Monthly Archives: November 2009

Bubblegum. Still Like It.

Some Bubblegum retains its flavor

Nine years ago, I contributed a couple of features to Bubblegum Music is the Naked Truth, a collection of essays, lists and features on the genre and its artists. Edited by Scram magazine’s  Kim Cooper and David Smay, it was the first book to take an in-depth look at the artists, writers and behind the scenes operators of the bubblegum universe. 

 When I was growing up, AM radio featured a melting pot of musical styles, from British Invasion rock to garage to soul to folk. And, yes, bubblegum. The fact that I could enjoy Tommy Roe’s “Dizzy” for what it was – a simple, catchy, sing-along pop tune – didn’t mean I was unable to appreciate Jimi Hendrix reinventing guitar rock, the poetic imagery of Bob Dylan or the not-quite-white blues that The Rolling Stones were channeling. I’ve sometimes seen people admit they like bands like The Ohio Express or The Archies only under the guise of guilty pleasures, as if somehow you need to apologize for what you enjoy. Peer pressure sucks; ignore it.

Exposure to a wide variety of music was a good thin. I sincerely believe the death of the individual DJ and the birth of music consultants and formats did serious damage to the music audience. It’s pretty hard to like something when you rarely get a chance to hear it. Between restricting musical styles and limiting the number of tracks in rotation, at least one generation has had a big hole in their musical education. Now at least people can at least surf and sample to their heart’s content, if they have the drive to do so.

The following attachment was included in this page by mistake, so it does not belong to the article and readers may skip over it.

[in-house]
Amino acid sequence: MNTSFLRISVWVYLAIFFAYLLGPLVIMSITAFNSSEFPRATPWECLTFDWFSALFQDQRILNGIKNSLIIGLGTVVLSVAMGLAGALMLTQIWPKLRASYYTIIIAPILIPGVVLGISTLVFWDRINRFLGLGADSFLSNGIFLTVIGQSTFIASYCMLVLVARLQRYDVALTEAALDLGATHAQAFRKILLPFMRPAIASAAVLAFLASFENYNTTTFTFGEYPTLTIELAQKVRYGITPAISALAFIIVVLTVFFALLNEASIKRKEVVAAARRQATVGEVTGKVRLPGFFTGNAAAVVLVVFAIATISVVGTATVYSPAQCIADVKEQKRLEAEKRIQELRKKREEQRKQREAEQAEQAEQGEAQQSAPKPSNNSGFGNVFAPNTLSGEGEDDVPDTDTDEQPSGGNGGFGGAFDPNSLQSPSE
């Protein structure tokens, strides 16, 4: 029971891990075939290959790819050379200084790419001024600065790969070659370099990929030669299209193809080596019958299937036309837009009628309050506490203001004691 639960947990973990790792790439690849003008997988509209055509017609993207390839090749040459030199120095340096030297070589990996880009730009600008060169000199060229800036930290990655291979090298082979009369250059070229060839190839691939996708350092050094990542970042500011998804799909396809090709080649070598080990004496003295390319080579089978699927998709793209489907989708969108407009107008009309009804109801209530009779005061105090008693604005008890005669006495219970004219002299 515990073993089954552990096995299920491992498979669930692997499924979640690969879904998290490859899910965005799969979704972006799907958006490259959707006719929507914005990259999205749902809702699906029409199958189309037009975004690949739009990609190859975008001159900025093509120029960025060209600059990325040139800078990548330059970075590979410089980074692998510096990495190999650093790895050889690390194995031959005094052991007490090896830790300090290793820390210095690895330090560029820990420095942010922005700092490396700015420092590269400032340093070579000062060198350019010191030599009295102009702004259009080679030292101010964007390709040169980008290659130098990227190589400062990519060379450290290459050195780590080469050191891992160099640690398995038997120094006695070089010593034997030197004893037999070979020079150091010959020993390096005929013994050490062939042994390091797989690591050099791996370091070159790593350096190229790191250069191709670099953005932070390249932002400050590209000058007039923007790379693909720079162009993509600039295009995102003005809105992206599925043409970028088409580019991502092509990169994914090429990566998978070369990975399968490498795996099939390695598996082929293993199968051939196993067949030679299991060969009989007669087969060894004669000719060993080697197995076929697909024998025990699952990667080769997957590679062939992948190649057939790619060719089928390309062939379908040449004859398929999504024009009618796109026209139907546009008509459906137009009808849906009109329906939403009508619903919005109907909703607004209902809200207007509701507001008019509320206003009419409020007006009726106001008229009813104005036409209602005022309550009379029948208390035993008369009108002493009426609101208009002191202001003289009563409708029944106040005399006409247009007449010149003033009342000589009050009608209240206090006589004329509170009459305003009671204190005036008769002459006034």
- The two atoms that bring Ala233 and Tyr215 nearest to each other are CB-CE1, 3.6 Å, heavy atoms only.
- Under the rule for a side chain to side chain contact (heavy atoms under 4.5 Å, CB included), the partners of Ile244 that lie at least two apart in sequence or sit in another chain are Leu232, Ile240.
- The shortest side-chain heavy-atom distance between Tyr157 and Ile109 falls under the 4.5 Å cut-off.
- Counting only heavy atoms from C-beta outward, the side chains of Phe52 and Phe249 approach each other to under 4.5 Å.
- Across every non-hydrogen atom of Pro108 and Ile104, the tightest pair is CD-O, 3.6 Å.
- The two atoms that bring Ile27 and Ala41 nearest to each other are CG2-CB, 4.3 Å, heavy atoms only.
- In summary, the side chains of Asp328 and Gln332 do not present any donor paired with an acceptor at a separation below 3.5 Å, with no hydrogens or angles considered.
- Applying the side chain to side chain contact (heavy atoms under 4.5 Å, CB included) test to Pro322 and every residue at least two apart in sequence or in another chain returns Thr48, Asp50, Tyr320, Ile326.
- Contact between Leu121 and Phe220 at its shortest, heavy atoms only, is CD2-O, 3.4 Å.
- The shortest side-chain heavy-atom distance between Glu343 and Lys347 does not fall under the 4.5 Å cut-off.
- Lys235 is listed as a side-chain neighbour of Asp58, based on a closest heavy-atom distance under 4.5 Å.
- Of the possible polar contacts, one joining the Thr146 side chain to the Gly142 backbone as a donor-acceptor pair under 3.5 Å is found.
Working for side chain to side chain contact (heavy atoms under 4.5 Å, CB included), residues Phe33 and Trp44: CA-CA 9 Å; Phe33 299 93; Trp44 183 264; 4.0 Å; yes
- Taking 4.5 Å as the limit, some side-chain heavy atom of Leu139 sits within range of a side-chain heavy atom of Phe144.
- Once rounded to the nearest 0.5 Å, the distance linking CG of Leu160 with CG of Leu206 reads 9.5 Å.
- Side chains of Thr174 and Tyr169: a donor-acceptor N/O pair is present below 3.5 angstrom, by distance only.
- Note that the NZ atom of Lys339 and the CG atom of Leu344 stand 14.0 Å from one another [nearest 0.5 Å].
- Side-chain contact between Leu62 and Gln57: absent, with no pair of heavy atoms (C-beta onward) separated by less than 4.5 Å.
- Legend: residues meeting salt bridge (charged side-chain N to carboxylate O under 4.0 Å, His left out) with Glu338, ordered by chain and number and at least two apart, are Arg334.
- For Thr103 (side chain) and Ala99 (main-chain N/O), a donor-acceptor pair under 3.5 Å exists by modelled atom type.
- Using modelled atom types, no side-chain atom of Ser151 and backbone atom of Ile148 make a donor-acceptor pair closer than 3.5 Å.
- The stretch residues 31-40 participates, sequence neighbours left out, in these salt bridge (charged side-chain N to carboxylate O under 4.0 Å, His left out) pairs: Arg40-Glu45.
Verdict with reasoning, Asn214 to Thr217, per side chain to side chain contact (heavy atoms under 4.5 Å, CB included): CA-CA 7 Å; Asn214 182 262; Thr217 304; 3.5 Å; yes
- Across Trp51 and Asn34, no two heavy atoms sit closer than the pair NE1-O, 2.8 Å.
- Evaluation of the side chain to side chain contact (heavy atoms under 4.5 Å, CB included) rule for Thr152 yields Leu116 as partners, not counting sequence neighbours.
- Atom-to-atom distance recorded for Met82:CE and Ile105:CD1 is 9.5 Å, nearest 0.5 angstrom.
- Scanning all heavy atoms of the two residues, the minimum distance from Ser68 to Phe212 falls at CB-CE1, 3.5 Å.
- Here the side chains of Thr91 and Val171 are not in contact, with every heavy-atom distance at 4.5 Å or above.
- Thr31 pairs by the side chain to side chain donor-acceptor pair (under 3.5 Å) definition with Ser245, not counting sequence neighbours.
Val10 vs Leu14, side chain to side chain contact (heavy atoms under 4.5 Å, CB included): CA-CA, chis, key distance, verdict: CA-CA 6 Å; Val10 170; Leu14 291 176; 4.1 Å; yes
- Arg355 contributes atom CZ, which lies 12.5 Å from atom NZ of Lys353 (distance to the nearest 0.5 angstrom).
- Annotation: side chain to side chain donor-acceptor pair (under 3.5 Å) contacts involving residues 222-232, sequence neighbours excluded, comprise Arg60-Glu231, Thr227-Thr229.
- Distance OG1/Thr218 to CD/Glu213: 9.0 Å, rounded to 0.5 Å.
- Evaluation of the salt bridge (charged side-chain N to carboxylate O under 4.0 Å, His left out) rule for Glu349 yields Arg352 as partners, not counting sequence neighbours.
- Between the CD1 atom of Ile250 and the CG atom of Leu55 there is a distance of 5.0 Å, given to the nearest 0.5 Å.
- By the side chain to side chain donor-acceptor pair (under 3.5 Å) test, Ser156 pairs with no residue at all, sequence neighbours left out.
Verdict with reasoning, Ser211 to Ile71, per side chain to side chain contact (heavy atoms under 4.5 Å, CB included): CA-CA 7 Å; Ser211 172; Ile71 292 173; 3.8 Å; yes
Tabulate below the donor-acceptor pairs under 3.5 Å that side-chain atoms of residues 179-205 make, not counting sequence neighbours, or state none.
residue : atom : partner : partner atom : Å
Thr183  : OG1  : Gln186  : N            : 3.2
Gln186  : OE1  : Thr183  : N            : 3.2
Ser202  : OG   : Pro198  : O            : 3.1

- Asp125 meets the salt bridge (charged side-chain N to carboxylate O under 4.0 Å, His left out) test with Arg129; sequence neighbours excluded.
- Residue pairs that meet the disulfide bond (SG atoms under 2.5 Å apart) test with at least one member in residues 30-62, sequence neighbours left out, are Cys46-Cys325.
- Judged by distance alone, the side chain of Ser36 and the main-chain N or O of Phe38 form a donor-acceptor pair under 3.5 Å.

But back to Bubblegum…one of the best bands was The 1910Fruitgum Company. I’ll admit that “Goody Goody Gumdrops” was a little hard to take, but “1-2-3 Red Light” was a deceptively filthy pop song, and “Indian Giver” is still one of my favorite singles from that era. So when asked to write about a couple of bands for the book, they were my first choice…

When today’s artists issue a new release every two years they are dubbed “prolific”. In the late 60’s, however, a band could have a six-album career in that twenty-four month span. And if you consider that the 1910 Fruitgum Company was just one of the several bands springing from the minds of Jerry Kasenetz and Jeff Katz during that time, you begin to understand what an incredible feat the kings of bubblegum pulled off in tandem with Buddah Records mogul Neil Bogart.

Bubblegum music was little more than stripped-down rock and roll with a unique marketing spin, and the Super K boys spat them out as fast as they could put them together in their Bubblegum Factory. The 1910 Fruitgum Company was arguably the duo’s biggest success… (continue reading at the Bubblegum University site)

Now do you like it?

Bubblegum is the Naked Truth at Amazon

1910 Fruitgum Company wiki

Scram magazine


Filed under Features and Interviews, Music, Reviews

PPC Tributes Strikes Back

Oh my god, he’s done it again.

Earlier this month Power Pop Criminal$ assembled yet another volume of their incredible tribute series, their first in fifteen months. Powerpop artists covering other powerpop artists. A Whitman’s Sampler of ear candy. (The three earlier compilations are available here).